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Low Voltage Recessed lighting problems


prjctfish
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I have quite a few (12) Lytecaster Recessed Downlighting 2000LVR low voltage units.

http://www.mmlighting.com/store/PPF/par ... e_info.asp

So far three units (they were installed in 1995 & 96) no longer function even when new bulbs are installed. I wondering if anyone has experience with these. The manufacturer says I need to use a voltmeter to test the sockets, and then bypass the thermal protector to see if that is the problem, but this means removing the whole unit.

Any ideas?

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I have quite a few (12) Lytecaster Recessed Downlighting 2000LVR low voltage units.

http://www.mmlighting.com/store/PPF/par ... e_info.asp

So far three units (they were installed in 1995 & 96) no longer function even when new bulbs are installed. I wondering if anyone has experience with these. The manufacturer says I need to use a voltmeter to test the sockets, and then bypass the thermal protector to see if that is the problem, but this means removing the whole unit.

Any ideas?

Well, if you've got 12 of them, it's probably worth your while to pull one and just test the secondary leads on the transformer. The whole shebang should just pull out, so we aren't talking about a huge job to pull one.

I'll bet you a dollar it's the damn transformers.

- Jim Katen, Oregon

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$60 each?!! You could have gotten five line voltage halogen remodel cans for that kind of coin, and they would still be working. They're probably less than the parts to fix what you have.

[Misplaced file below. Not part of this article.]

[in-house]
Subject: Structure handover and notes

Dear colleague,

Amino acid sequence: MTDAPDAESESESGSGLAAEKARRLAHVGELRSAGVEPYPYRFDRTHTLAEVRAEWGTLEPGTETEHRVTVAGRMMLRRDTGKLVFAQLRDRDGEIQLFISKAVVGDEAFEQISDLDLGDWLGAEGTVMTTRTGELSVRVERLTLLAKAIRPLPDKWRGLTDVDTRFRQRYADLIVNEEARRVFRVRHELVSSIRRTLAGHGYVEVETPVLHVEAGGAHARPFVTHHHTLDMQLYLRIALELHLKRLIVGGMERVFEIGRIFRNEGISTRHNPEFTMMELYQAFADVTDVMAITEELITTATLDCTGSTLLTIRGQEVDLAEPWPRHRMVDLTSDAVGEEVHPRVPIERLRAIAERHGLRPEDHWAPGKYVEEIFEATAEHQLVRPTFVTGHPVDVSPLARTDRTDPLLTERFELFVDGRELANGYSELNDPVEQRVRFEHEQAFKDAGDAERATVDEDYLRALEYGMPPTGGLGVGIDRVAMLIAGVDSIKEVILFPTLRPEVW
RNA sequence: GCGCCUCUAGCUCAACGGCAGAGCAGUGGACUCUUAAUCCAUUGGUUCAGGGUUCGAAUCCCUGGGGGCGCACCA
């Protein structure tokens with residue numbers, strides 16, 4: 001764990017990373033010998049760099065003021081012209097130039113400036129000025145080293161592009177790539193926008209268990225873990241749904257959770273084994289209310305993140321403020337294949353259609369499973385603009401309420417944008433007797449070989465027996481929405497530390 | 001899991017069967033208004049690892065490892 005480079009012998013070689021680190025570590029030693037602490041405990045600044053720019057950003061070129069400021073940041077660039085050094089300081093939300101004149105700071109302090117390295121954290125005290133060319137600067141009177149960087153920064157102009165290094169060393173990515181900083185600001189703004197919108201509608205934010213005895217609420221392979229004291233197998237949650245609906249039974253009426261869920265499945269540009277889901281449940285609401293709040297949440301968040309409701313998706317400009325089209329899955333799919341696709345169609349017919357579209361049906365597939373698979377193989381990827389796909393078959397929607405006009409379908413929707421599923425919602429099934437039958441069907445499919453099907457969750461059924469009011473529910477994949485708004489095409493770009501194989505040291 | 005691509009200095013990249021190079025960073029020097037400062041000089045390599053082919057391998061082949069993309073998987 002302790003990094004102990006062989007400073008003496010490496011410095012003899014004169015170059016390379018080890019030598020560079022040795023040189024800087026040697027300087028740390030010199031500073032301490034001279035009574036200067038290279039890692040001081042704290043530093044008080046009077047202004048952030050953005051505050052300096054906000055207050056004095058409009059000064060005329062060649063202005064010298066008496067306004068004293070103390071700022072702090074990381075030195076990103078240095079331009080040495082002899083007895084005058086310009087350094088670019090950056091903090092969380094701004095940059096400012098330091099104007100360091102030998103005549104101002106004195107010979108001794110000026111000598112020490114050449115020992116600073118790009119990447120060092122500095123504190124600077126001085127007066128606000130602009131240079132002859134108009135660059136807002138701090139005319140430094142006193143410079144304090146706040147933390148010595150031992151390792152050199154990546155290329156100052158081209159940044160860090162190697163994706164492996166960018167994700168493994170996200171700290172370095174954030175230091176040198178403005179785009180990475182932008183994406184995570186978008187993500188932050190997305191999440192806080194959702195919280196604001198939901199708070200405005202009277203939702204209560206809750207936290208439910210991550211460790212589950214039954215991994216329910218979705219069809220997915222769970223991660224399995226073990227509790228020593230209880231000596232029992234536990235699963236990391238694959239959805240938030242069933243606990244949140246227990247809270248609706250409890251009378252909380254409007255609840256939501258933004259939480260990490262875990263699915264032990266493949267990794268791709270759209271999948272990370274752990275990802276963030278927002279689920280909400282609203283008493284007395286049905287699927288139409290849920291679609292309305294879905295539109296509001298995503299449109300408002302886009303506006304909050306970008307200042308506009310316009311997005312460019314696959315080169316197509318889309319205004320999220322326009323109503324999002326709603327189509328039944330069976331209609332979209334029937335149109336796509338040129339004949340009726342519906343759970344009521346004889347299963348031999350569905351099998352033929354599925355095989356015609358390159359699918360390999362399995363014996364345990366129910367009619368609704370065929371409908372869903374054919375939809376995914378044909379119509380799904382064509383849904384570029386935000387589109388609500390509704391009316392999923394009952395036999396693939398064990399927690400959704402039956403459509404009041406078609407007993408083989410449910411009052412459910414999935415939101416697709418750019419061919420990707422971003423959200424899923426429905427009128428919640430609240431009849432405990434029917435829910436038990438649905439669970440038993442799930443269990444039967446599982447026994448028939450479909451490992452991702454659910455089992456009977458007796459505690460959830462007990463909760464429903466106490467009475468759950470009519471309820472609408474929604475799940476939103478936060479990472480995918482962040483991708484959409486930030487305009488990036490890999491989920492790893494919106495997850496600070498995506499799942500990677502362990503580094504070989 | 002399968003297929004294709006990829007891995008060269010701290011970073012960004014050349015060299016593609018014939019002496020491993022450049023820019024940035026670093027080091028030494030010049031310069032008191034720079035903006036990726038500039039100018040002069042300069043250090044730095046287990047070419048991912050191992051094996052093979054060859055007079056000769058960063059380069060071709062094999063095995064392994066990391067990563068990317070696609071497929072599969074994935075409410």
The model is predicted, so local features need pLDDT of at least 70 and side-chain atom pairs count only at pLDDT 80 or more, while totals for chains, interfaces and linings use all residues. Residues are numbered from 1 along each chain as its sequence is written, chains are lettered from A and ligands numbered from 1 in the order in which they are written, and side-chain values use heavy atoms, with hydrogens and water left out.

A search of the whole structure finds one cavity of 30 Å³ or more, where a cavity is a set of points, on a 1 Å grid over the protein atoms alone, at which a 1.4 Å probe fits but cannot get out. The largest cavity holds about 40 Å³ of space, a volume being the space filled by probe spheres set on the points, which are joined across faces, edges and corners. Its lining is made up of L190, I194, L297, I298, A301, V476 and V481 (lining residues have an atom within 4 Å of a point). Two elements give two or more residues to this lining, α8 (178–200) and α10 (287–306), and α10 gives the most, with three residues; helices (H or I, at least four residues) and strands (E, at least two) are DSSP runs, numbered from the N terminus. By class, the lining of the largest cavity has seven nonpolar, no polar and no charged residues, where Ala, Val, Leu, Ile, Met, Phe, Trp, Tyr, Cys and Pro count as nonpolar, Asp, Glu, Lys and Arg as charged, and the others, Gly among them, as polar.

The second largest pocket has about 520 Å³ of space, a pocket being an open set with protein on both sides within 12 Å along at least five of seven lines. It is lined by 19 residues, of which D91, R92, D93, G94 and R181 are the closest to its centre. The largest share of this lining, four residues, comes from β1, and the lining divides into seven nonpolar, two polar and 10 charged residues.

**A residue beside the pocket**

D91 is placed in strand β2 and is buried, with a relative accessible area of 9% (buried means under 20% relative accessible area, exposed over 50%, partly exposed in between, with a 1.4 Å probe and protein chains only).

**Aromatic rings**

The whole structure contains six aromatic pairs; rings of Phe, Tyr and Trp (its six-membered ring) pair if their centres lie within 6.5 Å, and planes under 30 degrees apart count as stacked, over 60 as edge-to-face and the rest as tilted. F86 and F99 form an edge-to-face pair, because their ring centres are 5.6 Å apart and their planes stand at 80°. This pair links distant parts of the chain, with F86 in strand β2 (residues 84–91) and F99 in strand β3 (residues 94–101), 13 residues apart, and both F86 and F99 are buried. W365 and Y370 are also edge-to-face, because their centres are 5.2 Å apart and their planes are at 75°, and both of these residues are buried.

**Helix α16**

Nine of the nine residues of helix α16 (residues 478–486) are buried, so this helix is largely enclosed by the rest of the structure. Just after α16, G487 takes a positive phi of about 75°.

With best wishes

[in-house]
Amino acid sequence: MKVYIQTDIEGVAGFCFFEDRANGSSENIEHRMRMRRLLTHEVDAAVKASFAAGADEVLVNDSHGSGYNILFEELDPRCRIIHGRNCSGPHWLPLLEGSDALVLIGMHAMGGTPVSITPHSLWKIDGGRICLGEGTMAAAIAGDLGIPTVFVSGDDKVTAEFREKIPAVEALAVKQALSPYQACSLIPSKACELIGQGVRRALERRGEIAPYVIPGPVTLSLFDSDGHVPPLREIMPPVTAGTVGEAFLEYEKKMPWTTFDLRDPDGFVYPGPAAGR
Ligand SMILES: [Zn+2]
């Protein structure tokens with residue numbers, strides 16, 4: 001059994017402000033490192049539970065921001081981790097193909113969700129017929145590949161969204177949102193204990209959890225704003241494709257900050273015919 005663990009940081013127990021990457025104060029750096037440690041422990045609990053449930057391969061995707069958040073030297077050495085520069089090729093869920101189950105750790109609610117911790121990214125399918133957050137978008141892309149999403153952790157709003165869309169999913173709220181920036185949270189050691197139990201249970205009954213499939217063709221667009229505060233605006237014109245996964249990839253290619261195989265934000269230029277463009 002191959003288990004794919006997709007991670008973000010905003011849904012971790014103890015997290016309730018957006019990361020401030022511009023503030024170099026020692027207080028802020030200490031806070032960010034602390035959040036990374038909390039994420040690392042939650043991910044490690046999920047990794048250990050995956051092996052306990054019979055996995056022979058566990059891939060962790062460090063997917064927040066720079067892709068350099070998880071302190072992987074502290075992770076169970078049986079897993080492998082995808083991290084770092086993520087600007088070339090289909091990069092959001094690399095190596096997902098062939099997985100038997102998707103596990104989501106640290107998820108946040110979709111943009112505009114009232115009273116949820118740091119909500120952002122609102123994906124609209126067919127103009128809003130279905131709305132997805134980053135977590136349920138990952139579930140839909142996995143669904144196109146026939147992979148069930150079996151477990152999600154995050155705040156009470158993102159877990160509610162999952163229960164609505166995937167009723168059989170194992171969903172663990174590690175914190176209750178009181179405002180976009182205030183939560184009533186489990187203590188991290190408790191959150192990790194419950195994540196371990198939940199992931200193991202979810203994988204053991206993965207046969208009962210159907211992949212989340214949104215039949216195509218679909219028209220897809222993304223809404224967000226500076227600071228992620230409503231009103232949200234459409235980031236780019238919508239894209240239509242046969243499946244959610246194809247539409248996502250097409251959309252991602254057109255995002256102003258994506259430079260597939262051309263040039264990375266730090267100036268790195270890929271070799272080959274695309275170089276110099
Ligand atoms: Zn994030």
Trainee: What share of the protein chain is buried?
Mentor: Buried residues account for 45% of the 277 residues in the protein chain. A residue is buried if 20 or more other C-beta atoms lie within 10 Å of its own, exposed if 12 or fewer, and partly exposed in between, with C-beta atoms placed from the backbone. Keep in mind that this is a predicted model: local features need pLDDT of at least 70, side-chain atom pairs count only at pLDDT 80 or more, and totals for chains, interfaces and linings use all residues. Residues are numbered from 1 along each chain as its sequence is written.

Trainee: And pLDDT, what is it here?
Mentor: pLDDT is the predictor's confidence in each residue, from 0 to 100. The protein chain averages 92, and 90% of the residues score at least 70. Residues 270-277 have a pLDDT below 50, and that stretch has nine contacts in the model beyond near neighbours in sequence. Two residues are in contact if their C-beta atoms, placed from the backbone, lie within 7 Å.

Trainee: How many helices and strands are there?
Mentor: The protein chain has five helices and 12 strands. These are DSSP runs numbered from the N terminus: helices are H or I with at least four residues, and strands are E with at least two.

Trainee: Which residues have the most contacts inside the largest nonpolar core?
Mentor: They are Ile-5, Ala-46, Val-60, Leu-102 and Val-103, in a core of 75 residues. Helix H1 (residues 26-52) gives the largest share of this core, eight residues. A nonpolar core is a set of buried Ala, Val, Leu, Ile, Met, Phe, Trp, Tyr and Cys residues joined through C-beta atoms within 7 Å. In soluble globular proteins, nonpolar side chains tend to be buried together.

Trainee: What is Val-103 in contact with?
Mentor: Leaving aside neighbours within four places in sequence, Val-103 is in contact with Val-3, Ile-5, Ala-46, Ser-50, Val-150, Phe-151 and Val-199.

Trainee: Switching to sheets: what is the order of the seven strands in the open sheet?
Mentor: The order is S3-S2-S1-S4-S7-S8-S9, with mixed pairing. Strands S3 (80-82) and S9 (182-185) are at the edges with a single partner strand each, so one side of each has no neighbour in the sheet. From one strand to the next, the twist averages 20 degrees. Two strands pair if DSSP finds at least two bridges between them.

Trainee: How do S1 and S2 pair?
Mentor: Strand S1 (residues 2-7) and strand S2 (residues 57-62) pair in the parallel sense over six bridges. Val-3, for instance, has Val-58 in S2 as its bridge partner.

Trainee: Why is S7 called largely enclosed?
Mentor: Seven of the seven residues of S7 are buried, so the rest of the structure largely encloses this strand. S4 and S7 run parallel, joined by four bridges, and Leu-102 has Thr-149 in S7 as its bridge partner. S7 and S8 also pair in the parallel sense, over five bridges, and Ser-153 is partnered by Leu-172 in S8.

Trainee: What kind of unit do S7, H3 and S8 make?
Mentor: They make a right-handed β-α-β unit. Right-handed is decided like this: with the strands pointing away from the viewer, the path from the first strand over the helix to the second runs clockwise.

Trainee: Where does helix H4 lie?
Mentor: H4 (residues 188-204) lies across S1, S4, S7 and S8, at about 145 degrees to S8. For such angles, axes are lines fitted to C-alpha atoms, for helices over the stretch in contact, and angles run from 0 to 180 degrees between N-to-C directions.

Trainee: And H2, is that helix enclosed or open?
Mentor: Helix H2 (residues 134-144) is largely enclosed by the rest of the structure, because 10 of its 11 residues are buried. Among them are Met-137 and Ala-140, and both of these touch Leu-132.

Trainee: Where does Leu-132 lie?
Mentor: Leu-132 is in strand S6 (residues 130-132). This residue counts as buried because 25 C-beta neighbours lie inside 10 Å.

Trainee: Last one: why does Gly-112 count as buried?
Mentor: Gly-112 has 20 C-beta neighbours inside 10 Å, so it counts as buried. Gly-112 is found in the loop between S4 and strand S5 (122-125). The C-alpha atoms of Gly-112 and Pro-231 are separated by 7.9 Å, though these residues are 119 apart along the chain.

HUSH! He's a civilian. We need him to buy this stuff to stimulate the economy. (Lightolier's stuff is made in the USA.)

- Jim Katen, Oregon

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But I'll bet the transformers aren't.

That'd be my bet; transformers on low voltage systems seem to have the reliability of a congressional candidate........

It's still good because the $35 replacement transformers actually cost Lightolier about 52 cents each. That's 52 cents to China & $34.48 to the fat cats at Lightolier.

The less reliable, the better. We're talking about saving the American economy.

- Jim Katen, Oregon

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Yes, this isn't about electrical components.....this about saving America!

BTW, the Park Service estimate of the "Rally to Restore Sanity and/or Keep Fear Alive" is somewhere around 200,000 people attending.

How about that? A fake news commentator.......imagine......

Made me smile.

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Yes, this isn't about electrical components.....this about saving America!

BTW, the Park Service estimate of the "Rally to Restore Sanity and/or Keep Fear Alive" is somewhere around 200,000 people attending.

How about that? A fake news commentator.......imagine......

Made me smile.

I like the fact that Beck can do his thing, Stewart & Colbert can do their thing, everyone can talk about everything, and on Tuesday everyone can cast a vote about it. All this without people being rounded up, detained, or shot.

Just imagine, in contrast, what would happen if ASHI were in charge of the nation. Stewart & Colbert would be in prison right now and the president would be personally waterboarding them.

- Jim Katen, Oregon

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Just imagine, in contrast, what would happen if ASHI were in charge of the nation. Stewart & Colbert would be in prison right now and the president would be personally waterboarding them.

- Jim Katen, Oregon

Yeah, things are kinda heated in HQ nowadays. The double talk and half truths being whipped around are getting pretty strange. I had a talk with Frank the other day, and you wouldn't believe half the crap the "leaders" are pushing.

Thankfully, no one seems to care in my market. A few folks are aware of ASHI and think it means something, but thankfully it's only a few.

I think once the current prez is gone, it can get better. I talk to enough of those guys to think it will, anyway. That's why I sent in my check. I want to be able to vote for Loden, and honestly, hang around for a while and see what happens.

OK, I better stop before this degrades into an ASHI political diatribe......